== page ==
There was plenty of excitement at Jonsson Kings Park with the arrival of Cell C Sharks players on Monday for the first day of non-contact training in four months after the Vodacom Super Rugby season was abruptly ended in March because of the Coronavirus pandemic.
“It’s been a long time – since the Stormers’ game way back in March,” admitted an excited Cell C Sharks head coach Sean Everitt.
According to Everitt, the Cell C Sharks will leave nothing to chance and have planned accordingly to ensure they adhere to the safety requirements put in place for professional sports teams by government and SA Rugby.
As a result, they will be training in groups of five – in the gym and on the training field, where balls and equipment will be cleaned often – to ensure all necessary safety protocols are met.
“It seems like a lifetime ago that the players were here and we couldn’t be more pleased to see them again,” added Everitt.
“They’ve returned in really good shape and conditioning tests have been performed and many of the players actually reached their personal bests in their running block tests which we’re very happy about.”
Although not all the players had access to gyms or similar training facilities during the lockdown period, Everitt explained that they will use the immediate future to get stuck into that aspect of fitness and conditioning.
“This is an area all the players will be working on but that comes faster than running which we’re already happy with so there is a base we’re working from already,” he said.
Everitt confirmed that the players will be training in small groups of five with a focus on strength and conditioning as well as running work.
“The players are also allowed to do non-contact skill work with the ball during the course of the day,” he said.
“They also will be working extremely hard on their position-specific skills to get back to where they were during the Vodacom Super Rugby competition because obviously that’s not something they could do over the last four months.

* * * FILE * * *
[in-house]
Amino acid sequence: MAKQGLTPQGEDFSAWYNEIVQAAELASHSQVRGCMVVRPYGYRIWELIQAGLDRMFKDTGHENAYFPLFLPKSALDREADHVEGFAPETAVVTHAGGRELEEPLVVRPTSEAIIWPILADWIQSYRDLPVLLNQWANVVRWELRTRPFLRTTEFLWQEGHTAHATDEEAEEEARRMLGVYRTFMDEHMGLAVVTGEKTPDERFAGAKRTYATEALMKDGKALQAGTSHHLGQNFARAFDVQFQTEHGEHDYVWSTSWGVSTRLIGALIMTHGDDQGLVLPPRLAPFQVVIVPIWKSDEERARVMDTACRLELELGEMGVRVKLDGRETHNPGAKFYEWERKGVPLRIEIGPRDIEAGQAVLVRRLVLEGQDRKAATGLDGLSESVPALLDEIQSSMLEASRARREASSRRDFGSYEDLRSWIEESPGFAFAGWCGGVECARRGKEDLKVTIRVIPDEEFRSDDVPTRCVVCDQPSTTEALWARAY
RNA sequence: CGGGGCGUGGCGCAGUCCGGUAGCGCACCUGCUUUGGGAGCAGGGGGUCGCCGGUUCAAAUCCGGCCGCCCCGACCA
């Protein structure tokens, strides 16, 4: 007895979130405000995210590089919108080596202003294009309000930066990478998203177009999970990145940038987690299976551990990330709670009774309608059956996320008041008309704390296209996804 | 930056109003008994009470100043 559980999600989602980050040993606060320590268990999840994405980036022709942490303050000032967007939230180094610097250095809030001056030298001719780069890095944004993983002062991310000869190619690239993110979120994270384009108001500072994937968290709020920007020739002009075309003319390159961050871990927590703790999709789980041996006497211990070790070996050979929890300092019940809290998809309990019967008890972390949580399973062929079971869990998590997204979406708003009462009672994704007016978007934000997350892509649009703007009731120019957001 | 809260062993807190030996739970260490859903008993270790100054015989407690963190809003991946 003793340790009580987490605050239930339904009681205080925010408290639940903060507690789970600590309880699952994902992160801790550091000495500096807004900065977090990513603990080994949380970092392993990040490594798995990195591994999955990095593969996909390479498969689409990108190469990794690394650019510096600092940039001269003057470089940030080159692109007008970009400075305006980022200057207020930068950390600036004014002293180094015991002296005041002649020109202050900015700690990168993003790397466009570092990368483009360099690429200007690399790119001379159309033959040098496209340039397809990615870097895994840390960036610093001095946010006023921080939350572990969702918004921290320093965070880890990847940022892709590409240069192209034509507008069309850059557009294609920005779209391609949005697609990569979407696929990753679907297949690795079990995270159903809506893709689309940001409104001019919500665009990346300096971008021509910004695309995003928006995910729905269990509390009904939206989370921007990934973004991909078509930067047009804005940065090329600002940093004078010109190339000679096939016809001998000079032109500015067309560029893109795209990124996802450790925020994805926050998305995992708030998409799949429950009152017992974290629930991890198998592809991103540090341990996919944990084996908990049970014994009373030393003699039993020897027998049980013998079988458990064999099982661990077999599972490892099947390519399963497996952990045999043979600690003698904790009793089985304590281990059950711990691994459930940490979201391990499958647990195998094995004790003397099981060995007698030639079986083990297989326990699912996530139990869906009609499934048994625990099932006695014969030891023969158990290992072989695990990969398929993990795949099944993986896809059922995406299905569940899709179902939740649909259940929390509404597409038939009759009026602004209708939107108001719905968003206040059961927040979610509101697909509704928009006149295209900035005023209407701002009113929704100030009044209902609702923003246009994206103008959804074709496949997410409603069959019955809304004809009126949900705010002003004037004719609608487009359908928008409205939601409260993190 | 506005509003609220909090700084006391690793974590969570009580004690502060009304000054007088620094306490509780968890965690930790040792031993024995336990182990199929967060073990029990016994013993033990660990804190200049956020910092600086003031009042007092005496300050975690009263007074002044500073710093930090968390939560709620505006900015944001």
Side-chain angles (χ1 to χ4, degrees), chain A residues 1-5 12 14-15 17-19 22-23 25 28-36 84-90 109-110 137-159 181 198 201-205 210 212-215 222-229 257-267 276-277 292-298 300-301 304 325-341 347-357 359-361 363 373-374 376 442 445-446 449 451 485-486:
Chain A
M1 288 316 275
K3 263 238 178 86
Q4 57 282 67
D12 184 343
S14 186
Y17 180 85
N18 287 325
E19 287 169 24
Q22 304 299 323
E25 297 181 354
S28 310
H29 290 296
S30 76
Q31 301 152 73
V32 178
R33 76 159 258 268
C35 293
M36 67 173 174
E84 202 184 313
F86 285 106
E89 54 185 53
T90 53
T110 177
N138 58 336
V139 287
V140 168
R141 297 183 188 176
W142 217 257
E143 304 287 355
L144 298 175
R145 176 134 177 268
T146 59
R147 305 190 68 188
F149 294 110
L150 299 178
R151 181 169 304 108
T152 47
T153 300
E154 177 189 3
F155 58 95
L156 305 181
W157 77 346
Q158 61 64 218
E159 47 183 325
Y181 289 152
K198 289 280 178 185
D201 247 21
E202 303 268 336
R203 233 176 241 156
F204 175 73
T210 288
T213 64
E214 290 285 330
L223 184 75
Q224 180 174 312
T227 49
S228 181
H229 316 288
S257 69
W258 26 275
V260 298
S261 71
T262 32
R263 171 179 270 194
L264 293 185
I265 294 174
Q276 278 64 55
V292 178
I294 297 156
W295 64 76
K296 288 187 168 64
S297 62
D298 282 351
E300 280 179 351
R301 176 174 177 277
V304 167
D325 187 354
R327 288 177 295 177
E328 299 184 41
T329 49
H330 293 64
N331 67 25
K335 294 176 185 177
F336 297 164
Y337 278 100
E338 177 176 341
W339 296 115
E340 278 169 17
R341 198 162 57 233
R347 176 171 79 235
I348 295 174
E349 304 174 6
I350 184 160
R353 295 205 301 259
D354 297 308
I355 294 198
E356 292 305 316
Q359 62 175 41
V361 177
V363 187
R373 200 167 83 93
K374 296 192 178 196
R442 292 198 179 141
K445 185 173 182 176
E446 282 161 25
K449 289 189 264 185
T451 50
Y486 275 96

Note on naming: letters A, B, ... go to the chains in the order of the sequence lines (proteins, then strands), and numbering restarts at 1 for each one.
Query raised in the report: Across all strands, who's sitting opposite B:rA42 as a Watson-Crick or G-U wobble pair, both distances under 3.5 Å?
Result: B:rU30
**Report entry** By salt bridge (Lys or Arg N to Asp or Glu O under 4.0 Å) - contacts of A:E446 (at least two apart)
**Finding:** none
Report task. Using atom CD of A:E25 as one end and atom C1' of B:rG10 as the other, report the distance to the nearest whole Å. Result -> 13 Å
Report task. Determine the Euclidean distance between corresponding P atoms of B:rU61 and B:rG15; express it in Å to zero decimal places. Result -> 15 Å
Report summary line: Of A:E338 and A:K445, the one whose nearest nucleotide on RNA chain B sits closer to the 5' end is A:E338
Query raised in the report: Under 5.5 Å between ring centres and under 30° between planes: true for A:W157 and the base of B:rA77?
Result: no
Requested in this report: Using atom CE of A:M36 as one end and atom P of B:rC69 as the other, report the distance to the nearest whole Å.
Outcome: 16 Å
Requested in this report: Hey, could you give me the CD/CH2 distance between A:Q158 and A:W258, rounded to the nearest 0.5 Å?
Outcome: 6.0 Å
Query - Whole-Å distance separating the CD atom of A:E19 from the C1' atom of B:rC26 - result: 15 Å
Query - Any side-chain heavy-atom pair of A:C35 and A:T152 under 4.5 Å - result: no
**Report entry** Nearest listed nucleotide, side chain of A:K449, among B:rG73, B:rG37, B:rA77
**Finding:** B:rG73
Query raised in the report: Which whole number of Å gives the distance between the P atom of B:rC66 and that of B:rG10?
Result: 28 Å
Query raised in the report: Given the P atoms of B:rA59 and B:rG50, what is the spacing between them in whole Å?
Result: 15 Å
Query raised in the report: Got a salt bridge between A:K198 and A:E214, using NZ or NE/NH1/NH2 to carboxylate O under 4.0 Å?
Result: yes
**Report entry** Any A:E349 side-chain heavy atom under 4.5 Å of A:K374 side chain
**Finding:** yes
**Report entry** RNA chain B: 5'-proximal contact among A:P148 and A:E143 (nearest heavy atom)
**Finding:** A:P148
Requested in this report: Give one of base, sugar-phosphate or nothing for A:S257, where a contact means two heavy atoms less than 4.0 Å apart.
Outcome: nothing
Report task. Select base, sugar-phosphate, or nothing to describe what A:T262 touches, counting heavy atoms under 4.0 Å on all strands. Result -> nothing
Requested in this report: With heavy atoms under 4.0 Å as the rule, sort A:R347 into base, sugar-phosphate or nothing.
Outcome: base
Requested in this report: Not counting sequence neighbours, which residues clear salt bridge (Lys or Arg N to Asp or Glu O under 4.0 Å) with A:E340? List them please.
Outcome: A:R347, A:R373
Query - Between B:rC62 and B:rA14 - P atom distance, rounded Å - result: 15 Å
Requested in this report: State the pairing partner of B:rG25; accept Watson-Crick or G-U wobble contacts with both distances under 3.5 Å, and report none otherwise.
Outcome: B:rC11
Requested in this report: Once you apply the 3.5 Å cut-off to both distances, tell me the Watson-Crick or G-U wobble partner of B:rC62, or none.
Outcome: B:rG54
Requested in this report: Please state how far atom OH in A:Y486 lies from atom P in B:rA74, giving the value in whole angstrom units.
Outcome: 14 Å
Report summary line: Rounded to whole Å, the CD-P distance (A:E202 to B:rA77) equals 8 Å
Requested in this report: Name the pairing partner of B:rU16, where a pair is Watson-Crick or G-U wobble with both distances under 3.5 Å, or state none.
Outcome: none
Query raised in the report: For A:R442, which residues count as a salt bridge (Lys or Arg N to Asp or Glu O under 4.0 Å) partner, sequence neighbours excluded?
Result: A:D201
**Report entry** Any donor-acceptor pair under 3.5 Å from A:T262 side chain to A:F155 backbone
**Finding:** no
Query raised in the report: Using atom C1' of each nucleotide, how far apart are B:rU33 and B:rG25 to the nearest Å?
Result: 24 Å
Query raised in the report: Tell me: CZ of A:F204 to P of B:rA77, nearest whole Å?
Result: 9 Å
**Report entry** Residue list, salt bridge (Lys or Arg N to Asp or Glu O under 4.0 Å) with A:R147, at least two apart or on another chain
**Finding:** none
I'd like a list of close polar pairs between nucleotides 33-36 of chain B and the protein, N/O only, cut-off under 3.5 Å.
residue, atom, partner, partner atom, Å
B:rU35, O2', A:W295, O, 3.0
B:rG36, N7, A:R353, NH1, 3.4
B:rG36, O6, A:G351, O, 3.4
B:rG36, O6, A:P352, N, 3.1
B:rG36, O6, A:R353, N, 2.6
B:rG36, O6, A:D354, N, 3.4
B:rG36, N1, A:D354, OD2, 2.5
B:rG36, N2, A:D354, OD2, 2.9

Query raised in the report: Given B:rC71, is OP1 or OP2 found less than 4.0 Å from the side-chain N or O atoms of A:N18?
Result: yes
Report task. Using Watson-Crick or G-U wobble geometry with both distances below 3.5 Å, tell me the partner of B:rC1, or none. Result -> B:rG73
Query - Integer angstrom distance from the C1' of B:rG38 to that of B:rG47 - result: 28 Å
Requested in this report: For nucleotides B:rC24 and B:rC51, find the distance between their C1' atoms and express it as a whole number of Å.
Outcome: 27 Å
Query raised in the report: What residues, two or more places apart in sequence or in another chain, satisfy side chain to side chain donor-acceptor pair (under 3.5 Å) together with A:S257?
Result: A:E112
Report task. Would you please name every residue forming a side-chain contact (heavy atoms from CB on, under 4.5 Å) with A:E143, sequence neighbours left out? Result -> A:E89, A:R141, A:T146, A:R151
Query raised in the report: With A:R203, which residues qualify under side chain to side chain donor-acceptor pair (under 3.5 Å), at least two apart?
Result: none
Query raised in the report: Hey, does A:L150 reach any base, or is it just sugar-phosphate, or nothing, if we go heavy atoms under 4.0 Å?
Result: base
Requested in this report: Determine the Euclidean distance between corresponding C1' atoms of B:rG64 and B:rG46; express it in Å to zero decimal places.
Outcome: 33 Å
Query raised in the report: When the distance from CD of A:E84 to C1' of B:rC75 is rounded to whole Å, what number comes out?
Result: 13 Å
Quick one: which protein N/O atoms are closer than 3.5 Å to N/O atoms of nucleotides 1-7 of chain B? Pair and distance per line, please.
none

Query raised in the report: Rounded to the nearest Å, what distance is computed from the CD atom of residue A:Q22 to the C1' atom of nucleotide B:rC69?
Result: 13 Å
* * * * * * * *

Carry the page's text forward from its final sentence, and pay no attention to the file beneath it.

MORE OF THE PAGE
“But I’m very positive they will develop those skills with the hard work they put in.”
Everitt added that the players were in a good head space which makes work less of a chore and more of a goal.
“They’re really excited to be back and see their mates again, although the entire squad can’t train together as one group,” he said.
“But they’ve had the opportunity to renew friendships which they’ve missed during this lockdown period. The players know what it’s going to take to return to where they were during Vodacom Super Rugby, but they’re willing to put in the hard yards.
“They reaped great rewards from a really tough pre-season and this will be no different for them and we just hope our players remain healthy and free from COVID-19 infections so we can continue to train without disruption once again.”
According to Everitt it was also good to see the management also in a space, ready to motivate the players, as well as the medical staff being on top of their game.
“I think the break we’ve had over the last few months has certainly made everyone realise that you can’t take anything for granted and this wonderful game of ours is certainly one that we treasure and feel very fortunate to be involved in,” said Everitt.
“In saying that, we look forward to the journey ahead and hope to be back on the playing field as soon as possible.”
The Durban-based franchise was in great form before the pandemic halted sport action worldwide and they will have an injection of some new talent when field-action eventually returns.
Blitzbok stalwart Werner Kok, who hails from Mpumalanga and played Currie Cup rugby for DHL Western Province earlier in his career, and former Junior Springbok utility back Manie Libbok, from the Vodacom Bulls, have recently decided to make Durban their new home.
Kok, who played in his 50th HSBC World Rugby Sevens Series tournament for the Springbok Sevens team in Los Angeles earlier this year, signed with the Cell C Sharks a while ago, but has been unable to start training with his new team due to the COVID-19 pandemic.